Word alignment is to find translationally equivalent words between source and target sentences. Previous work has demonstrated that self-training can achieve competitive word alignment results. In this paper, we propose to use word alignments generated by a third-party word aligner to supervise the neural word alignment training. Specifically, source word and target word of each word pair aligned by the third-party aligner are trained to be close neighbors to each other in the contextualized embedding space when fine-tuning a pre-trained cross-lingual language model. Experiments on the benchmarks of various language pairs show that our approach can surprisingly do self-correction over the third-party supervision by finding more accurate word alignments and deleting wrong word alignments, leading to better performance than various third-party word aligners, including the currently best one. When we integrate all supervisions from various third-party aligners, we achieve state-of-the-art word alignment performances, with averagely more than two points lower alignment error rates than the best third-party aligner.We released our code at https://github.com/sdongchuanqi/Third-Party-Supervised-Aligner.
This paper describes the joint submission of Alibaba and Soochow University to the WMT 2022 Shared Task on Translation Suggestion (TS). We participate in the English to/from German and English to/from Chinese tasks. Basically, we utilize the model paradigm fine-tuning on the downstream tasks based on large-scale pre-trained models, which has recently achieved great success. We choose FAIR’s WMT19 English to/from German news translation system and MBART50 for English to/from Chinese as our pre-trained models. Considering the task’s condition of limited use of training data, we follow the data augmentation strategies provided by Yang to boost our TS model performance. And we further involve the dual conditional cross-entropy model and GPT-2 language model to filter augmented data. The leader board finally shows that our submissions are ranked first in three of four language directions in the Naive TS task of the WMT22 Translation Suggestion task.
Neural machine translation with millions of parameters is vulnerable to unfamiliar inputs. We propose Token Drop to improve generalization and avoid overfitting for the NMT model. Similar to word dropout, whereas we replace dropped token with a special token instead of setting zero to words. We further introduce two self-supervised objectives: Replaced Token Detection and Dropped Token Prediction. Our method aims to force model generating target translation with less information, in this way the model can learn textual representation better. Experiments on Chinese-English and English-Romanian benchmark demonstrate the effectiveness of our approach and our model achieves significant improvements over a strong Transformer baseline.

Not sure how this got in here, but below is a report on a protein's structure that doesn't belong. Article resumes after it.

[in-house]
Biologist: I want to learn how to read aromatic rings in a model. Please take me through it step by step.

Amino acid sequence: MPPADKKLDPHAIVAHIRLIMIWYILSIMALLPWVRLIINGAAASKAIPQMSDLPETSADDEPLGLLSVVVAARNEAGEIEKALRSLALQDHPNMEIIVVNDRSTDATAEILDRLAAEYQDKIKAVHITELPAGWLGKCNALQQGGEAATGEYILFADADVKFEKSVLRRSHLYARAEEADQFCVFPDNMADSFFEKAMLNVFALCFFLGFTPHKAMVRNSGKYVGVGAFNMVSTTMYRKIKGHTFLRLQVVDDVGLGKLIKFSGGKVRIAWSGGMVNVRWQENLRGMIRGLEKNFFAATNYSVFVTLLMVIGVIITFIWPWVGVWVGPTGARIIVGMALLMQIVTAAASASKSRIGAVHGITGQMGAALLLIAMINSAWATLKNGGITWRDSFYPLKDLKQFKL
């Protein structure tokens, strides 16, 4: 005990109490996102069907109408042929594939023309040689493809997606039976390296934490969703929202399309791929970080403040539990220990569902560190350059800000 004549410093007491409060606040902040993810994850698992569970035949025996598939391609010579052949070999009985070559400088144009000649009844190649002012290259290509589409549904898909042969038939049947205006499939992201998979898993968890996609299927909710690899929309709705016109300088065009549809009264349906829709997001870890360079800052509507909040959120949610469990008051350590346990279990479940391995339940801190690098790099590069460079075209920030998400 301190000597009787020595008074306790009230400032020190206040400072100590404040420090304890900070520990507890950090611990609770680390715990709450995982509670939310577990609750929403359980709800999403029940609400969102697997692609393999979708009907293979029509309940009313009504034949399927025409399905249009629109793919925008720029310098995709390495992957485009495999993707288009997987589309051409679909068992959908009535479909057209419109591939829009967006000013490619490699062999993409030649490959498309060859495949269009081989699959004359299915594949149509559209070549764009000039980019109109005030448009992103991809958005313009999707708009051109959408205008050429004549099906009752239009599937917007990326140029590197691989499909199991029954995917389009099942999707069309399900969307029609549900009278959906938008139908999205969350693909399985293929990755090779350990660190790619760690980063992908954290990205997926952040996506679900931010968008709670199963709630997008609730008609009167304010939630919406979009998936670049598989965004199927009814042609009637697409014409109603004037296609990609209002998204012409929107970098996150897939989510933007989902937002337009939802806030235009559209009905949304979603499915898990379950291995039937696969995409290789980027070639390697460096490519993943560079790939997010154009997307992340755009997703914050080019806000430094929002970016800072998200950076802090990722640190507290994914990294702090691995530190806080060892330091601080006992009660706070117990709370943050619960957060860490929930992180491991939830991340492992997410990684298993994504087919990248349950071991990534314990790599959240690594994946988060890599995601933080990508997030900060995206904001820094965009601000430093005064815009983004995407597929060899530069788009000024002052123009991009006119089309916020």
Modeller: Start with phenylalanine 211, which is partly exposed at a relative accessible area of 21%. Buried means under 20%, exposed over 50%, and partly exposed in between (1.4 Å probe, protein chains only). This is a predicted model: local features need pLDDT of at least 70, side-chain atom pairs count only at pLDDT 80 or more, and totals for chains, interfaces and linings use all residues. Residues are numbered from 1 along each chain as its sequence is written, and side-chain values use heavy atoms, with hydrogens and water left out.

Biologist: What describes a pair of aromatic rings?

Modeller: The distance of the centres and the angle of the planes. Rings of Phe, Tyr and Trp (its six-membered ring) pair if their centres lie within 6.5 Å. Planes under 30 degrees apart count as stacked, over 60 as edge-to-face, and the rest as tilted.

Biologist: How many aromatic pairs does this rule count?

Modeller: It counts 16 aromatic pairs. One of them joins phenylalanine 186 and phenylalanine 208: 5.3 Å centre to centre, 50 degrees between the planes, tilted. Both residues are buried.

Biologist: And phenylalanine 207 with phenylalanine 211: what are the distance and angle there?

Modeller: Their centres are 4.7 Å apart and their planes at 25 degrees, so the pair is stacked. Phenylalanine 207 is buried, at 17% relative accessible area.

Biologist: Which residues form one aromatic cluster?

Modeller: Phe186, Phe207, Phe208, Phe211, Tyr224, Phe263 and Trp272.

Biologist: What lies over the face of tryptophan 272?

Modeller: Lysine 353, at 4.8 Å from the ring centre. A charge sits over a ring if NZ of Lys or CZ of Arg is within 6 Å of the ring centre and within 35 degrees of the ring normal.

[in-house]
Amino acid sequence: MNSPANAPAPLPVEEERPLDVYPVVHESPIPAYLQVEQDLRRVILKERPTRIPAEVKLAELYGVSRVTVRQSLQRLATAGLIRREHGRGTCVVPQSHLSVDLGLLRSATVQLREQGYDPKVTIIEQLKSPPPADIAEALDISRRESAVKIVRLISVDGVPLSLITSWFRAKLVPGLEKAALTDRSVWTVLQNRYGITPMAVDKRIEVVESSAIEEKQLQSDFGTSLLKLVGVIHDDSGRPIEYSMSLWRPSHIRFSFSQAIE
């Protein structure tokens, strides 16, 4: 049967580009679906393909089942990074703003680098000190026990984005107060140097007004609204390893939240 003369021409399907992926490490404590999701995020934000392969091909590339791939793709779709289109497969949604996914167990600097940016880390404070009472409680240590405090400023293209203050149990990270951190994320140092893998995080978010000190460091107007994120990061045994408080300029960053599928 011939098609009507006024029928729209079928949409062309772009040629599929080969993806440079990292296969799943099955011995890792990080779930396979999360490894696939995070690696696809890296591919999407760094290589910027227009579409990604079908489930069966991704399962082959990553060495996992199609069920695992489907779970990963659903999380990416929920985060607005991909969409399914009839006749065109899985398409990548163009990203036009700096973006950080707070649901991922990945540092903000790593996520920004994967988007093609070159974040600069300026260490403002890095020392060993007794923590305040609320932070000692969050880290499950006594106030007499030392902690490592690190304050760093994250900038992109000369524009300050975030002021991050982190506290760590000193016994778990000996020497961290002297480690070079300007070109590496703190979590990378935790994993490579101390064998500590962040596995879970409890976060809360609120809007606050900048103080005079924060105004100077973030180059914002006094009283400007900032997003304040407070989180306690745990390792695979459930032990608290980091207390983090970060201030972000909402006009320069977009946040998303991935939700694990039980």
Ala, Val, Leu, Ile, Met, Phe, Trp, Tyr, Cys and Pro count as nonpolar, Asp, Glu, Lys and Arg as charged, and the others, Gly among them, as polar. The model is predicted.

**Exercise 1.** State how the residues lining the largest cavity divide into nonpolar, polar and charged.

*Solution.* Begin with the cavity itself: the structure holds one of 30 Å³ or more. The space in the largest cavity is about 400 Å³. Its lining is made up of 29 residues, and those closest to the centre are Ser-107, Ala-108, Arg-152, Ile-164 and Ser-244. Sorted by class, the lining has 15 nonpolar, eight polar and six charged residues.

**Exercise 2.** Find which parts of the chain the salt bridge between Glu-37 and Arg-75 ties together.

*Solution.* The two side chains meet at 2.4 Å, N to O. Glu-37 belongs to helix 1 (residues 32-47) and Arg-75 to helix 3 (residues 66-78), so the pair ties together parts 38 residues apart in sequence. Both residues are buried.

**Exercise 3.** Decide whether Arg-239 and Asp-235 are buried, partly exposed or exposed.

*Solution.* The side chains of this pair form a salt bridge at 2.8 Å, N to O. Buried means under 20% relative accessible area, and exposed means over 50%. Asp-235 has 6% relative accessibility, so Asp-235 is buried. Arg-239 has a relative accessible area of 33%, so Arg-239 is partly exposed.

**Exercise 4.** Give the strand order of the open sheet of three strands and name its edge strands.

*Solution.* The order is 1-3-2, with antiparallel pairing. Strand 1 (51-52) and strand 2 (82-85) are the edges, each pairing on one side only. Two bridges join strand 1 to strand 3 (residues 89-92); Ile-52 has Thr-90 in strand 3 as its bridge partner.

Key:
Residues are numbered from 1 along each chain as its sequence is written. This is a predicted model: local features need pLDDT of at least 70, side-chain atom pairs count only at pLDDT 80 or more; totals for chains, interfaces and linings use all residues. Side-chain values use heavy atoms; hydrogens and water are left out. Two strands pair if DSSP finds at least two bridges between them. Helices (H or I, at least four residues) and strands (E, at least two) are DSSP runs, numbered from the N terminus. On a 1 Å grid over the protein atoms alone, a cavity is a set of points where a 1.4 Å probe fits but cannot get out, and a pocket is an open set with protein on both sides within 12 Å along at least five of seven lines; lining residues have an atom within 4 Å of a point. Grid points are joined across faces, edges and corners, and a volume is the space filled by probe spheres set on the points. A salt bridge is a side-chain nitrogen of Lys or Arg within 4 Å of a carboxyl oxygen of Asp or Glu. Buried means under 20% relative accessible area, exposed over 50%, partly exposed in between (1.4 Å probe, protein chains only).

Multi-Domain Neural Machine Translation (NMT) aims at building a single system that performs well on a range of target domains. However, along with the extreme diversity of cross-domain wording and phrasing style, the imperfections of training data distribution and the inherent defects of the current sequential learning process all contribute to making the task of multi-domain NMT very challenging. To mitigate these problems, we propose the Factorized Transformer, which consists of an in-depth factorization of the parameters of an NMT model, namely Transformer in this paper, into two categories: domain-shared ones that encode common cross-domain knowledge and domain-specific ones that are private for each constituent domain. We experiment with various designs of our model and conduct extensive validations on English to French open multi-domain dataset. Our approach achieves state-of-the-art performance and opens up new perspectives for multi-domain and open-domain applications.
In this paper, we propose a new task of machine translation (MT), which is based on no parallel sentences but can refer to a ground-truth bilingual dictionary. Motivated by the ability of a monolingual speaker learning to translate via looking up the bilingual dictionary, we propose the task to see how much potential an MT system can attain using the bilingual dictionary and large scale monolingual corpora, while is independent on parallel sentences. We propose anchored training (AT) to tackle the task. AT uses the bilingual dictionary to establish anchoring points for closing the gap between source language and target language. Experiments on various language pairs show that our approaches are significantly better than various baselines, including dictionary-based word-by-word translation, dictionary-supervised cross-lingual word embedding transformation, and unsupervised MT. On distant language pairs that are hard for unsupervised MT to perform well, AT performs remarkably better, achieving performances comparable to supervised SMT trained on more than 4M parallel sentences.